Warm and sunny weather ahead with highs of 22 degrees

Grass growth has been restricted as there has been little or no rain for the last six weeks

People enjoying the good weather at Dollymount Strand in Dublin earlier this month. Photograph: Dara Mac Dónaill

People enjoying the good weather at Dollymount Strand in Dublin earlier this month. Photograph: Dara Mac Dónaill

 

Warm and pleasant weather over the coming days will be replaced by much-needed rain on Friday, when the recent dry spell comes to an end.

Temperatures will range between 18 and 22 degrees on Wednesday though it will feel cooler along southern and eastern coasts.

Thursday will be dry, with sunny spells for much of the day and highs of 20 degrees, although it will be overcast in the west.

Friday will be windy with rain in the morning giving way to scattered showers. Rain will be widespread across the country from Friday afternoon, bringing some temporary relief to farmers in the east and southeast.

Met Éireann forecaster Andrew Doran-Sherlock said the rain will come as a “bit of a culture shock” given the absence of it over the last six weeks.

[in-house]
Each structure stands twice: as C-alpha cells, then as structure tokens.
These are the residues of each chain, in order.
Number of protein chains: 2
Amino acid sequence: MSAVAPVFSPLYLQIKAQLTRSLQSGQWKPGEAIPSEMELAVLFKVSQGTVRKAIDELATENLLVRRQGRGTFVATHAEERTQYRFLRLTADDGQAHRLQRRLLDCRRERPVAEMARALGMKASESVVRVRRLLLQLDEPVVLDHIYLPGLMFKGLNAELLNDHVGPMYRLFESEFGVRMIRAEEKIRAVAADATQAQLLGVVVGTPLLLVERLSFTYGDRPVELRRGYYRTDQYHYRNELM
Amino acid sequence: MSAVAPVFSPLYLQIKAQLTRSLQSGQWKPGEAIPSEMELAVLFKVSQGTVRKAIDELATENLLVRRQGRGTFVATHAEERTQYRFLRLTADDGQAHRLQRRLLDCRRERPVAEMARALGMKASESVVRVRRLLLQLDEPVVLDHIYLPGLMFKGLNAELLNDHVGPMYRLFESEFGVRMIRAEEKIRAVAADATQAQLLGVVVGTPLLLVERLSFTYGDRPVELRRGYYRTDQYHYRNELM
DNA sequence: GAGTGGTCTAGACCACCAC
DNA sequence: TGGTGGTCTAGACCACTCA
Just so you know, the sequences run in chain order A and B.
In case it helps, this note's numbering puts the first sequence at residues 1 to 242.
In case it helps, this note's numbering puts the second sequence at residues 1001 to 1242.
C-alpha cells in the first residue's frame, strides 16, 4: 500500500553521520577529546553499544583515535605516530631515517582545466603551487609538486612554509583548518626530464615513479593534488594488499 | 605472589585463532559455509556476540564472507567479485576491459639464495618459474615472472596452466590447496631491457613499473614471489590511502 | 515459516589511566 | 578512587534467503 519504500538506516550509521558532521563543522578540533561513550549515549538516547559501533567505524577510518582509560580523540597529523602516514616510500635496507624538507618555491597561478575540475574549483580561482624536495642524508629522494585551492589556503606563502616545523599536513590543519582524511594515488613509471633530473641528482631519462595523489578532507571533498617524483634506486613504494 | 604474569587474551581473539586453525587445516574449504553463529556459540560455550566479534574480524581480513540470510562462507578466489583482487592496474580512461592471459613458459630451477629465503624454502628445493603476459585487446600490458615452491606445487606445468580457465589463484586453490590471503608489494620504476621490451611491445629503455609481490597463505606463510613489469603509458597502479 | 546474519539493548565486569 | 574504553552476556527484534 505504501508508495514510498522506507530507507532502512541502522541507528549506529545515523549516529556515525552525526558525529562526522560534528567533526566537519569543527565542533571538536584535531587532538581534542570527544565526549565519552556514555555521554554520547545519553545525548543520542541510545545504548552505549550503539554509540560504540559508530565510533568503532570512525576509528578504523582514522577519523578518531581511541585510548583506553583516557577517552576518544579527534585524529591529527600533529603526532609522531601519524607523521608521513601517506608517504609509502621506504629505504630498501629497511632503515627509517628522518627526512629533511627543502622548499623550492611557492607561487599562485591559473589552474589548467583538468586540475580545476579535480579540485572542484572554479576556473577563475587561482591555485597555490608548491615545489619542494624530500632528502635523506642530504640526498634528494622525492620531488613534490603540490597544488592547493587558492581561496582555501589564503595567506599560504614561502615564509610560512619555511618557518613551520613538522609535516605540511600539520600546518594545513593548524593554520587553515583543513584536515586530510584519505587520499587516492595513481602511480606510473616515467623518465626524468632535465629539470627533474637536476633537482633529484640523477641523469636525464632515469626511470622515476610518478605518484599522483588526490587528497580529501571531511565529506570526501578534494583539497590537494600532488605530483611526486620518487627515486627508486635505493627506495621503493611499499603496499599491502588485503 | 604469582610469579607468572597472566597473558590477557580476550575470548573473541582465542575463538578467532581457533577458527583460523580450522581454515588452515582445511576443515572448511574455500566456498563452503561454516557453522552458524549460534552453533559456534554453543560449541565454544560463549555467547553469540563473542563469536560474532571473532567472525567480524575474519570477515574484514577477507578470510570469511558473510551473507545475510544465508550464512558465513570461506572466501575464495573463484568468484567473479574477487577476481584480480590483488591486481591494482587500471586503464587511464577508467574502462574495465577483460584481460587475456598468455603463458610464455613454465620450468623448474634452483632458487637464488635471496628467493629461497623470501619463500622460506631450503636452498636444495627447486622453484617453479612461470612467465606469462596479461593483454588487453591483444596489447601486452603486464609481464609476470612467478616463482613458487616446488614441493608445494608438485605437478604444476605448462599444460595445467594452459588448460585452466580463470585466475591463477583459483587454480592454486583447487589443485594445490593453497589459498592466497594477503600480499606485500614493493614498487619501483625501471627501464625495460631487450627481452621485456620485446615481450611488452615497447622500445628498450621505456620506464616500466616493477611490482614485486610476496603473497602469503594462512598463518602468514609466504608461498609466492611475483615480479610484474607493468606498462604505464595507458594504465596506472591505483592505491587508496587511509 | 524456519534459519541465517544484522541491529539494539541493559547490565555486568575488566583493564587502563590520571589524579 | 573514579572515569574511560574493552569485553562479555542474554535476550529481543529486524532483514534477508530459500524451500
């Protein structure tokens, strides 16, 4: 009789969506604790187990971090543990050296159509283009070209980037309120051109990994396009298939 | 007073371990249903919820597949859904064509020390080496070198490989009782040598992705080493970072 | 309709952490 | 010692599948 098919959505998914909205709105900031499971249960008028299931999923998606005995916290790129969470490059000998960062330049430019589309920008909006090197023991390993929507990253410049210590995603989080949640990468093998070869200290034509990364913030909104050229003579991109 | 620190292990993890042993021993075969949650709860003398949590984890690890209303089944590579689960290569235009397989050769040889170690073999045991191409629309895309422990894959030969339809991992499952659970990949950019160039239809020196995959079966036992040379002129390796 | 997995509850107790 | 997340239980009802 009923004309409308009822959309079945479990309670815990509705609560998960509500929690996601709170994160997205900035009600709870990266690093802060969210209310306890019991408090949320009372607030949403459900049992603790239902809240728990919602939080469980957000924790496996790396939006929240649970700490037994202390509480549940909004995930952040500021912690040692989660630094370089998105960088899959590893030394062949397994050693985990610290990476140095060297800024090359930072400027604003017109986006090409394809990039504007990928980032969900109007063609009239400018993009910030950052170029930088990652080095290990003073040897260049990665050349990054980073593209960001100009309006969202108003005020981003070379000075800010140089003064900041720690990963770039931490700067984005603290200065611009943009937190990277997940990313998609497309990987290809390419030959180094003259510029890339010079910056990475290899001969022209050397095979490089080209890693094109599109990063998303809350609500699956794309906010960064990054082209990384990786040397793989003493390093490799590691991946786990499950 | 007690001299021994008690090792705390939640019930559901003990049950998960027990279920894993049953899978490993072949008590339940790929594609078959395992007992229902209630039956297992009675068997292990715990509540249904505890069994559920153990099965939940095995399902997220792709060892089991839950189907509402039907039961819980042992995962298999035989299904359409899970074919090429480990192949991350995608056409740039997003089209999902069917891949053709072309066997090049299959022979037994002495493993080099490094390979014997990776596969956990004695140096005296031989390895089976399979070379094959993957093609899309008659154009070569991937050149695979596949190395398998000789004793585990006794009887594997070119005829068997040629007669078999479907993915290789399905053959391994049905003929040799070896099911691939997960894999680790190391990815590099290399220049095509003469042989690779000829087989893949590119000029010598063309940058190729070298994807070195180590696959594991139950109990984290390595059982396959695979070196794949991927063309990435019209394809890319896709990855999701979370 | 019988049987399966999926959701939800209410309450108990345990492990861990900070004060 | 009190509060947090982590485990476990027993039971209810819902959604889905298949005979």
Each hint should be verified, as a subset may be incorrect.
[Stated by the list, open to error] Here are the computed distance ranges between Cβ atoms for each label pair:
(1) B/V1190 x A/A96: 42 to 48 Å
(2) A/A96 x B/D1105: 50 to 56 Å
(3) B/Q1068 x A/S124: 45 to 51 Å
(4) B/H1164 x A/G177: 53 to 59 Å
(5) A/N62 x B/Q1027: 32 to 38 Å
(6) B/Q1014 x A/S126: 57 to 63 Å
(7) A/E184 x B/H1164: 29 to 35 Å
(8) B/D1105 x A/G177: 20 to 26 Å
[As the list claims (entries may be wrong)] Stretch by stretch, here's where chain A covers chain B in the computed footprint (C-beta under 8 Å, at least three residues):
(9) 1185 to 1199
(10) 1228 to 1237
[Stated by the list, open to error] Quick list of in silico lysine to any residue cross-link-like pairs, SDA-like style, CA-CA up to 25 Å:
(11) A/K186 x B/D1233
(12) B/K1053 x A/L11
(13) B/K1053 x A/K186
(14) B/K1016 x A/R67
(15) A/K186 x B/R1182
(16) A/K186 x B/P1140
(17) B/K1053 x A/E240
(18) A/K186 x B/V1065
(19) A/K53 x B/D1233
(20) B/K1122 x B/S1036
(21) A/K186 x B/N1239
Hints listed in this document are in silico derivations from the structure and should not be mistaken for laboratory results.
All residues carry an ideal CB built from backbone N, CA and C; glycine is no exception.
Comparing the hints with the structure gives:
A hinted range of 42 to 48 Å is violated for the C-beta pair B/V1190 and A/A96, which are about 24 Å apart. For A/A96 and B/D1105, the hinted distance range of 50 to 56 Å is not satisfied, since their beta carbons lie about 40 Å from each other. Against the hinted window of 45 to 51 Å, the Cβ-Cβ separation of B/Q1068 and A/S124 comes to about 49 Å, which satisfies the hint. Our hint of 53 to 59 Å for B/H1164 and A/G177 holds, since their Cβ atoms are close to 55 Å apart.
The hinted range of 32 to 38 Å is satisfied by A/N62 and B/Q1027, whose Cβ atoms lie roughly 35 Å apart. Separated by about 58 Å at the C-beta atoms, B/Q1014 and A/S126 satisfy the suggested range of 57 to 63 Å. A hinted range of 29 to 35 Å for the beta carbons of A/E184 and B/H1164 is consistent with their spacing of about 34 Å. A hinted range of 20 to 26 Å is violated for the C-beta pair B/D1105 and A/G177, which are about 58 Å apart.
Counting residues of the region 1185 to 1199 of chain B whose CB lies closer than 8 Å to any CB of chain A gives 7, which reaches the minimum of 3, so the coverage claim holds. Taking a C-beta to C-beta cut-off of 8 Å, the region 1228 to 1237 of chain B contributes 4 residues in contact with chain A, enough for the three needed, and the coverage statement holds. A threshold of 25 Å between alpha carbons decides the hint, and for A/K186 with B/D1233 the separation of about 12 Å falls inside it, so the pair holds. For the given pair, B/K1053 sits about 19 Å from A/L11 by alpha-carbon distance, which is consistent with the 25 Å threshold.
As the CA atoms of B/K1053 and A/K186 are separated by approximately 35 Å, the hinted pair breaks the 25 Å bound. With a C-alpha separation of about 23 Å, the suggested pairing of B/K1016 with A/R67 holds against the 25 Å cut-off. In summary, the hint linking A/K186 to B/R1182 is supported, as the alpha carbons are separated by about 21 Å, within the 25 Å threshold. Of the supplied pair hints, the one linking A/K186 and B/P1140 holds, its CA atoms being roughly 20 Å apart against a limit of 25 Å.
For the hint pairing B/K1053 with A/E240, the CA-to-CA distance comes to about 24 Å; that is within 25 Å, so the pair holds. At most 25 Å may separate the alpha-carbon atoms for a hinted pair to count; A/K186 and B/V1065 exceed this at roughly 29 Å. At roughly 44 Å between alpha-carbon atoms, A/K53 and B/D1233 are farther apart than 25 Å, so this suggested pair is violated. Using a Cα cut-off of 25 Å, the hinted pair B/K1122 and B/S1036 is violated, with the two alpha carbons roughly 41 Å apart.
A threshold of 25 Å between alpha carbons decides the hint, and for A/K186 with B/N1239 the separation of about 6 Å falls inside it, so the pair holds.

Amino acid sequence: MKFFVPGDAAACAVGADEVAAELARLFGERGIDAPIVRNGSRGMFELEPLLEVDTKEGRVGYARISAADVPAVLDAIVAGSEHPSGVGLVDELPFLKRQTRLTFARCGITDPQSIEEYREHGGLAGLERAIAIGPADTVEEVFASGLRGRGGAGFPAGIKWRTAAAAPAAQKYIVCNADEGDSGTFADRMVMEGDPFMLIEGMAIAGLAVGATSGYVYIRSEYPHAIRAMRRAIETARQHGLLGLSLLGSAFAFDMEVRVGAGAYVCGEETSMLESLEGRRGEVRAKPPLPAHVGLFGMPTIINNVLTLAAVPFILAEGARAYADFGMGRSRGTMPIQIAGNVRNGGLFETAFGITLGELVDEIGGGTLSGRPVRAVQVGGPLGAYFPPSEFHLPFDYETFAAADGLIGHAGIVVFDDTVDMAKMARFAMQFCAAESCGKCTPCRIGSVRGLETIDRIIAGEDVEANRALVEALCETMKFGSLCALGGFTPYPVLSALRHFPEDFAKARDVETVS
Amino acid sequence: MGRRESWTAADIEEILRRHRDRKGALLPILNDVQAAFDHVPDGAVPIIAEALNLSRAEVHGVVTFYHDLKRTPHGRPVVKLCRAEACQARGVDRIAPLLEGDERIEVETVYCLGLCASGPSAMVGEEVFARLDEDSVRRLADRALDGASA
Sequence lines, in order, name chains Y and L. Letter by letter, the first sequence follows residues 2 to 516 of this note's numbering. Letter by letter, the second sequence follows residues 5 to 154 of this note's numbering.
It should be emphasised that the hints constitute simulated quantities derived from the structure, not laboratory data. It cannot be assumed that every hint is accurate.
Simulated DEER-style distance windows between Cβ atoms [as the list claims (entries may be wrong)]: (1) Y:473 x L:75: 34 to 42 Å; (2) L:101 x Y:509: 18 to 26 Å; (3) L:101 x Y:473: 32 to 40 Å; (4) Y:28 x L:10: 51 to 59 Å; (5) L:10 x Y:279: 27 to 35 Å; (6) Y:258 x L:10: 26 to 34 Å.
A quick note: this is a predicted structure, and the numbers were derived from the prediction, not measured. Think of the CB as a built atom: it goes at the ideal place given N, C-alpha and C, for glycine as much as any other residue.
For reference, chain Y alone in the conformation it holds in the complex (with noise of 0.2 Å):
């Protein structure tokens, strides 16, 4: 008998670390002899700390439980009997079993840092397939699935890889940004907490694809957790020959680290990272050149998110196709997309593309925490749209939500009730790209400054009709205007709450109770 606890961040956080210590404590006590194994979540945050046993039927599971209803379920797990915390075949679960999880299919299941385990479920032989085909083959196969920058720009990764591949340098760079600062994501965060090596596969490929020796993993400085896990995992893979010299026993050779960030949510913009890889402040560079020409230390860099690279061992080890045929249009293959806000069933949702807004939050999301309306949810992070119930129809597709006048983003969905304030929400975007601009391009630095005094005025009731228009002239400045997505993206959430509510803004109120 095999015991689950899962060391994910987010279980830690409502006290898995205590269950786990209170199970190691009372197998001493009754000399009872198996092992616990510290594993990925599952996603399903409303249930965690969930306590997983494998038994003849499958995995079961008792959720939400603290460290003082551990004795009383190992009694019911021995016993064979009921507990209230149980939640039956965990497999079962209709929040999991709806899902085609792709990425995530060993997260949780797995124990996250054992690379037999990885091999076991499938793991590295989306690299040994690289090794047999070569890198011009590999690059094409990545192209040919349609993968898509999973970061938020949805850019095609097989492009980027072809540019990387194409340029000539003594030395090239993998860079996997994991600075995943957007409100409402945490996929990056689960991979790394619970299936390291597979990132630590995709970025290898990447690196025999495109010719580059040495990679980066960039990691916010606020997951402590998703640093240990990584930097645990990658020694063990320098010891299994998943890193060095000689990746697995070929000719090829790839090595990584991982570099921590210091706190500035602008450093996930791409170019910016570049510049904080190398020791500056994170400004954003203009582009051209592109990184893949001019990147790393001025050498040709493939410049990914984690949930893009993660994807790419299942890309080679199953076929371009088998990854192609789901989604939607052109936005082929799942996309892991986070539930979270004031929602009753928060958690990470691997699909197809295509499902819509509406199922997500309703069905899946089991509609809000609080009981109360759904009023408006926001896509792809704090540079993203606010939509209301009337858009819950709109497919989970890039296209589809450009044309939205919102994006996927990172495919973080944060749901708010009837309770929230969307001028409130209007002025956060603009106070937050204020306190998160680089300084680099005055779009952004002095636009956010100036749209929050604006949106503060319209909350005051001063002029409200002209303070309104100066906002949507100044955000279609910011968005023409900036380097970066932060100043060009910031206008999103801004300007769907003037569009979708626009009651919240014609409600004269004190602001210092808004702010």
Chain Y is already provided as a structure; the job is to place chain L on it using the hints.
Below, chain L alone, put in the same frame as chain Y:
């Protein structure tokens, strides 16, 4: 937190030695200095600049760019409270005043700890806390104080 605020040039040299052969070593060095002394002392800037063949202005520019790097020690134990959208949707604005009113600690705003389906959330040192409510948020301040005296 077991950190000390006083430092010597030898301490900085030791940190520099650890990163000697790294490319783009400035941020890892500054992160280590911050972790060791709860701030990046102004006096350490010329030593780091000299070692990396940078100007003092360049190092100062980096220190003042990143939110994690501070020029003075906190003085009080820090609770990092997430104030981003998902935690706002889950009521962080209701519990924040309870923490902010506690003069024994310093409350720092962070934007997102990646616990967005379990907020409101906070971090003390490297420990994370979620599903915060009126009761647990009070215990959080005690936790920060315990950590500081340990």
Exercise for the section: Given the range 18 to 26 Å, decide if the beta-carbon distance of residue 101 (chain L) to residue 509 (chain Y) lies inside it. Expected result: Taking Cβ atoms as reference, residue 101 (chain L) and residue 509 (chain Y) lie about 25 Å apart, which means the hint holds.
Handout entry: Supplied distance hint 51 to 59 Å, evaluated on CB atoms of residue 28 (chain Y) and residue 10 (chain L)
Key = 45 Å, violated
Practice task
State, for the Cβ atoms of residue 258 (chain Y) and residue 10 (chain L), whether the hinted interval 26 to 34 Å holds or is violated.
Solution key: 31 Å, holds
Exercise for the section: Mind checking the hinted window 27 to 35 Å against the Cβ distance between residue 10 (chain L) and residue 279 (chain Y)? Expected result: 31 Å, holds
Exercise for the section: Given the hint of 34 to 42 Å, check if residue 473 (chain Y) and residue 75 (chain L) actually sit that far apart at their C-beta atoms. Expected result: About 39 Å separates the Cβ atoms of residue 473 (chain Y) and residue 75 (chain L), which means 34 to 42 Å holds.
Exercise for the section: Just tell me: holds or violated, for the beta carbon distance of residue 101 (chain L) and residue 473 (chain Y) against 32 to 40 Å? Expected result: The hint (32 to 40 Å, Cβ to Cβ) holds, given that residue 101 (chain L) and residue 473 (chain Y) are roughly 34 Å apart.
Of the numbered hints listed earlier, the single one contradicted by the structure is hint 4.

“At the moment it is looking like there will be rain in most places. It’s going to feel like heavy rain because there has not been a huge amount recently,” he said.

However, the wet weather will be short-lived. There will be more showers on Saturday, but the long-term forecast is for a return to dry and warm weather next week.

“It will be a bit cooler on Friday and Saturday. Sunday is looking mostly dry. It is looking like it will be more settled going into next week. The temperatures will pick up again.”

Rainfall levels in April in the east and midlands were just a quarter of the monthly average and most places have only received a fraction of the rain they would expect in May. Just 4.2mm of rain have fallen at Dublin Airport’s weather station. The average for the month is 59.6mm.

As a consequence, soil moisture deficits are currently between 50mm and 60mm in the eastern half of the country. Mr Doran-Sherlock said the soil moisture deficits at present are what would be expected during a dry summer.

The lack of rain is causing restricted grass growth across the country so any rain will be welcomed by farmers.

Last week, Irish Water asked the public to conserve water as households were using 20 per cent more water than they would normally because of people being at home during the lockdown.

Irish Water pointed out that domestic usage accounts for two-thirds of all usage and so the fall-off in use in commercial usage is not as great as the extra consumption by people staying at home.

The company said it had been an “extremely dry spell so we are continually monitoring our water sources for any signs of drought”.